By Ahmed Idris
The All Progressives Congress (APC) stakeholders in Kano state on Thursday endorsed President Muhammadu Buhari as their candidate for the 2019 general elections.
The party leaders also expressed their commitment and support to Governor Abdullahi Umar Ganduje as their sole candidate for 2019.
In his speech, the President was silent on the endorsement even after the party leaders promised to procure the nomination forms for him and threatened to sue if he declines the endorsement.
The President merely beamed with smiles and went on to underscore the need for unity in the party and among the diverse peoples of the country.
The APC stakeholders meeting, held on the margins of the President’s state visit to Kano, was attended by Governor Muhammed Badaru Abubakar of Jigawa, Governor Ganduje, his deputy, Professor Hafizu Abubakar; the state chairman and members of the National and state executive committees of the party from Kano state.
Also in attendance were two of the state’s senators; members of the House of Representatives from the state; the Speaker and 34 of the 40 members of the Kano State House of Assembly and the 44 local governments party chairmen, their deputies and the secretaries of the APC.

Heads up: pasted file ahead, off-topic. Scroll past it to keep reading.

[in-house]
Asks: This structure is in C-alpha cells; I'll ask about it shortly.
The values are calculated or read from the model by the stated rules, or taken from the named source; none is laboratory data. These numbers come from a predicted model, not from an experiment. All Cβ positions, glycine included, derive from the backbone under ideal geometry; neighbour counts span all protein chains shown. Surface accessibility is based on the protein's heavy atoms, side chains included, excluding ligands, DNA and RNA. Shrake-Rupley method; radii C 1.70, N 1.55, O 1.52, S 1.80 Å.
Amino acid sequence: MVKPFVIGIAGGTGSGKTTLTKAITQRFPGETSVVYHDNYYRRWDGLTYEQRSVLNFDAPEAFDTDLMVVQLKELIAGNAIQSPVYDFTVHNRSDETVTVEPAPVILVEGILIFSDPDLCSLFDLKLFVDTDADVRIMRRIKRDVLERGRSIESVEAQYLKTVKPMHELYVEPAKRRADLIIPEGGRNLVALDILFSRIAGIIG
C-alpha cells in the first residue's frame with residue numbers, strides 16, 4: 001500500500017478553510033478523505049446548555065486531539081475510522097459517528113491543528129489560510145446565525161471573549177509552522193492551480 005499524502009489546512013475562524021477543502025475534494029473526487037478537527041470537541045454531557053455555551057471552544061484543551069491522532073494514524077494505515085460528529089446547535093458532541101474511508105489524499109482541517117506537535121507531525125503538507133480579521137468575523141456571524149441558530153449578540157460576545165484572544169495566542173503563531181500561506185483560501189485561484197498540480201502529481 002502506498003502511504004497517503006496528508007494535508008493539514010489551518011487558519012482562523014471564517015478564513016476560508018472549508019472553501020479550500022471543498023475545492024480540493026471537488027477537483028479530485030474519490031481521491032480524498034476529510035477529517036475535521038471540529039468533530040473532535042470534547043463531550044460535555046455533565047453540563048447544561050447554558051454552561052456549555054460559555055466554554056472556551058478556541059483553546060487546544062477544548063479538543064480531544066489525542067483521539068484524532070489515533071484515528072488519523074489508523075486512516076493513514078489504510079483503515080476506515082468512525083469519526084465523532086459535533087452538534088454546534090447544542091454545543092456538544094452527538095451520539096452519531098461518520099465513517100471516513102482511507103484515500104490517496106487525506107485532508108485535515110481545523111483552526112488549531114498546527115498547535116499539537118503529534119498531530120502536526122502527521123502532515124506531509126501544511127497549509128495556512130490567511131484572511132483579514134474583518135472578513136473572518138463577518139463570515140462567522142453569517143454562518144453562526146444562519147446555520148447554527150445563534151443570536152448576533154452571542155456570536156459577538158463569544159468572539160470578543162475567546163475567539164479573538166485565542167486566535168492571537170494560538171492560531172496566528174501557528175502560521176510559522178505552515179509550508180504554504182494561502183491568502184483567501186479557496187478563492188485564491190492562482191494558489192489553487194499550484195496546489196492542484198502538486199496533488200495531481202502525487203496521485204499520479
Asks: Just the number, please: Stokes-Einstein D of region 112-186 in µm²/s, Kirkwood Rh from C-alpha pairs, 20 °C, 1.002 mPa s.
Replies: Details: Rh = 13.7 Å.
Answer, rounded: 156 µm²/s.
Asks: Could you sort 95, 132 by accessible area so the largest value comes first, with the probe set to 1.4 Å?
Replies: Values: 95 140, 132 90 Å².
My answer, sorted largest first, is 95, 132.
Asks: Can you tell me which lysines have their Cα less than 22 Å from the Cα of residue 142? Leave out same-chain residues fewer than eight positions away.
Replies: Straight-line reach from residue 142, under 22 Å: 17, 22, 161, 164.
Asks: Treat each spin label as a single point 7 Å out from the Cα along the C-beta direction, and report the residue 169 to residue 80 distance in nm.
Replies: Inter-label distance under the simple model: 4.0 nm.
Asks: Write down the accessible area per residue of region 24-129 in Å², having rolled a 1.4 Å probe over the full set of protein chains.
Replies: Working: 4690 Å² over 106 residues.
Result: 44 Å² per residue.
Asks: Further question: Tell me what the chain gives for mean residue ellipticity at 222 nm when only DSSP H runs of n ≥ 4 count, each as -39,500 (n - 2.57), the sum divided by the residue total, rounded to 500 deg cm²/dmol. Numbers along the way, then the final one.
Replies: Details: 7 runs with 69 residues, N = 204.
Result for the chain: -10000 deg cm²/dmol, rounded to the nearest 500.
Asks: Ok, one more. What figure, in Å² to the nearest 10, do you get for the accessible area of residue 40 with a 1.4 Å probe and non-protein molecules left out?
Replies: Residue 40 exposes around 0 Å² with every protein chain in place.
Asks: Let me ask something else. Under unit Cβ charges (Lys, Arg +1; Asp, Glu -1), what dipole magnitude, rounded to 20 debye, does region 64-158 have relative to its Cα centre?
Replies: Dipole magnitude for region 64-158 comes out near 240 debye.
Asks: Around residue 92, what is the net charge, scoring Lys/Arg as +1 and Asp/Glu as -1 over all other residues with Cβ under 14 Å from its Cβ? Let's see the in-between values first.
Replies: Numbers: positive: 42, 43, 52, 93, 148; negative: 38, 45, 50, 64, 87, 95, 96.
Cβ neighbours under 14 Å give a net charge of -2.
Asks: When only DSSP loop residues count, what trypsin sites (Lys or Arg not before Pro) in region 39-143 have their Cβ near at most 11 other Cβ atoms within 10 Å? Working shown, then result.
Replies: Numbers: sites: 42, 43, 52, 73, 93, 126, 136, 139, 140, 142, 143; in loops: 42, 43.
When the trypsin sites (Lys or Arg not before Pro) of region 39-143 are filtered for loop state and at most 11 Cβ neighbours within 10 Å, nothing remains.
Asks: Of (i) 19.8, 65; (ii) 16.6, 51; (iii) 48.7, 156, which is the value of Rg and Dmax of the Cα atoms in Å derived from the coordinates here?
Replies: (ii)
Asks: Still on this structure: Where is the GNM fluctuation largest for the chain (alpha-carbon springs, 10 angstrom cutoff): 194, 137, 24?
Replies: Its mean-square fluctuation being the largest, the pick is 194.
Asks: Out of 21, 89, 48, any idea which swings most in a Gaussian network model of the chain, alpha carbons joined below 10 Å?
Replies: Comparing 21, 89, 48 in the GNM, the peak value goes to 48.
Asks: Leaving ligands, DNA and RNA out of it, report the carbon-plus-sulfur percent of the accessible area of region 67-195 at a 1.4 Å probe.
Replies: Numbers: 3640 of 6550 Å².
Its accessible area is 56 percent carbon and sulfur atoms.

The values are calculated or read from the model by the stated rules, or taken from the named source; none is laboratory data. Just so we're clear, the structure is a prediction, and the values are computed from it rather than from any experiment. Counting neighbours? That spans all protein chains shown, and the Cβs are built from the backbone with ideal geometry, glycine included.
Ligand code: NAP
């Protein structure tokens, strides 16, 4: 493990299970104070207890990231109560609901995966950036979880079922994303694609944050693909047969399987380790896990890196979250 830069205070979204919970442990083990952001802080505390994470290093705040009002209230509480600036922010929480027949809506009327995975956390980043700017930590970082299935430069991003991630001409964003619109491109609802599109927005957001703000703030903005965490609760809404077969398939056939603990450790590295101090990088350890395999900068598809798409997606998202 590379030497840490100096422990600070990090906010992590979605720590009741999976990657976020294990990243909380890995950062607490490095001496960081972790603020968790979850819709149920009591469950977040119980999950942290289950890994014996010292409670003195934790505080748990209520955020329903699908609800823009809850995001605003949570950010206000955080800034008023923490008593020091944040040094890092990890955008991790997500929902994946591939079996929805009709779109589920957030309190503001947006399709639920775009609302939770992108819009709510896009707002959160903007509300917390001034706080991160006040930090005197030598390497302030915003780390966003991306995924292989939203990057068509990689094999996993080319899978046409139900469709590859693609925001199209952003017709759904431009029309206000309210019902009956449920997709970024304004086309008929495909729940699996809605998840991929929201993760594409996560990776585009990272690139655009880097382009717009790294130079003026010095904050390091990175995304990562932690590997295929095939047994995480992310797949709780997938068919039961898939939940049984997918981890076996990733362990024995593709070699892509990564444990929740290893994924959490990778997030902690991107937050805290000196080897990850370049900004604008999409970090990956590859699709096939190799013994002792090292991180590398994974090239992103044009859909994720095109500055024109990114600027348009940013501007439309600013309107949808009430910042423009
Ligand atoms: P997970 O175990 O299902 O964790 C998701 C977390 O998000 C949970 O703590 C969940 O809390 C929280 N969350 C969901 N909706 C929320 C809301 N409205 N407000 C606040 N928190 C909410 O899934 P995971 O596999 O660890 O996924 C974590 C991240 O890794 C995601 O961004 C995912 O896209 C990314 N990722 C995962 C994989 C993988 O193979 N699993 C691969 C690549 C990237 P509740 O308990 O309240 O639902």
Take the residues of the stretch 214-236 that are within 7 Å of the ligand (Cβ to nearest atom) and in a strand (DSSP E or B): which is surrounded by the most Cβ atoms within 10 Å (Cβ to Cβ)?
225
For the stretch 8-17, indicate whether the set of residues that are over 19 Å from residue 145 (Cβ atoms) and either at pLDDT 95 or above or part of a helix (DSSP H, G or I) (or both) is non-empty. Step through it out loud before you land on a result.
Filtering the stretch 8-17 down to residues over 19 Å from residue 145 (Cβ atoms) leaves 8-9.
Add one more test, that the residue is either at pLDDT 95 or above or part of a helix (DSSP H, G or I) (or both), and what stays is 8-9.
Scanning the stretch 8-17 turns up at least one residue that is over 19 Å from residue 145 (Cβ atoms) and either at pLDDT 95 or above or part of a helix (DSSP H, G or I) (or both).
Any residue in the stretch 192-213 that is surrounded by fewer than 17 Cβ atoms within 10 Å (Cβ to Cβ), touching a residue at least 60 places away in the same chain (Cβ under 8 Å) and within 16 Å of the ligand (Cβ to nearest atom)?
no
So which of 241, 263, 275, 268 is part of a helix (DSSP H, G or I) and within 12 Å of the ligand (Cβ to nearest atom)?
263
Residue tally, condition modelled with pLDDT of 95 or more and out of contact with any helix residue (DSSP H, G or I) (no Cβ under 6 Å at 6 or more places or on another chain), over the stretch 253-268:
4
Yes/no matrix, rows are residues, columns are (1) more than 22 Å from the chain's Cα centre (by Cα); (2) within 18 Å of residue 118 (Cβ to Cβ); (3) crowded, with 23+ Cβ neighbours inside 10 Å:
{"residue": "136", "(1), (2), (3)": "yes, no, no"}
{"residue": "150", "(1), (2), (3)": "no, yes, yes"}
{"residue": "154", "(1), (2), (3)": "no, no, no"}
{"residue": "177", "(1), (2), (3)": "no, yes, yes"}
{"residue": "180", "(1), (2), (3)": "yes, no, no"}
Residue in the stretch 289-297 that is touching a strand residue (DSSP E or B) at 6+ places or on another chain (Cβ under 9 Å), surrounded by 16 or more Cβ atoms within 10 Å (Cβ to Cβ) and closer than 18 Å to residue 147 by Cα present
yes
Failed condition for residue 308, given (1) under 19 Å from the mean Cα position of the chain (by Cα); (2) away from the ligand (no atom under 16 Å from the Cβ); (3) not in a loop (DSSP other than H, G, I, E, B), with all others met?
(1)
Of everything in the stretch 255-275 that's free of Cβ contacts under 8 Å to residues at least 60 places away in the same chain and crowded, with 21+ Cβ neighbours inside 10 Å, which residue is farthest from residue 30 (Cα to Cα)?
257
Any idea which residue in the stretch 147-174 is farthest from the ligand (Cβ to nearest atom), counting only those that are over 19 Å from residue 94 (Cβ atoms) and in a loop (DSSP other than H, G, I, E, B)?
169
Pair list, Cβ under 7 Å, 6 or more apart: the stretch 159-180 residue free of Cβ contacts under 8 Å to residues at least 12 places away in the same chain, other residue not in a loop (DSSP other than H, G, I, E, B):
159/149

The state chairman of APC, Alhaji Inuwa Abbas, said endorsement of the President was based on his achievements in the last two years, especially in the areas of security, the war against corruption and the restructuring of the economy.
“Security is important for everyone, not just for Borno, Yobe and Adamawa states. It’s even more so for us as a commercial and industrial state. We are convinced that you are best for these times when the country has begun to muster energy and resources to develop agriculture, infrastructure and empower the younger citizens,” he said.
Speaking on a humorous note, Governor Ganduje said the party was prepared to drag the President to court to force his acceptance of the second term ticket.
In his remarks, the President said he understood the clamour by the ordinary people on the streets who raised four fingers on each arm, ”meaning four-plus-four.”
He, however, stressed the need to sanitize party politics by ridding it of vote buying and violence.
“What I saw in the elections in Kogi, Bayelsa and Rivers, the use of money and those headless bodies really upset me. I don’t wish to see that anywhere. I would not have won if money and killing was the modus of operation. That is my view of politics,” he said.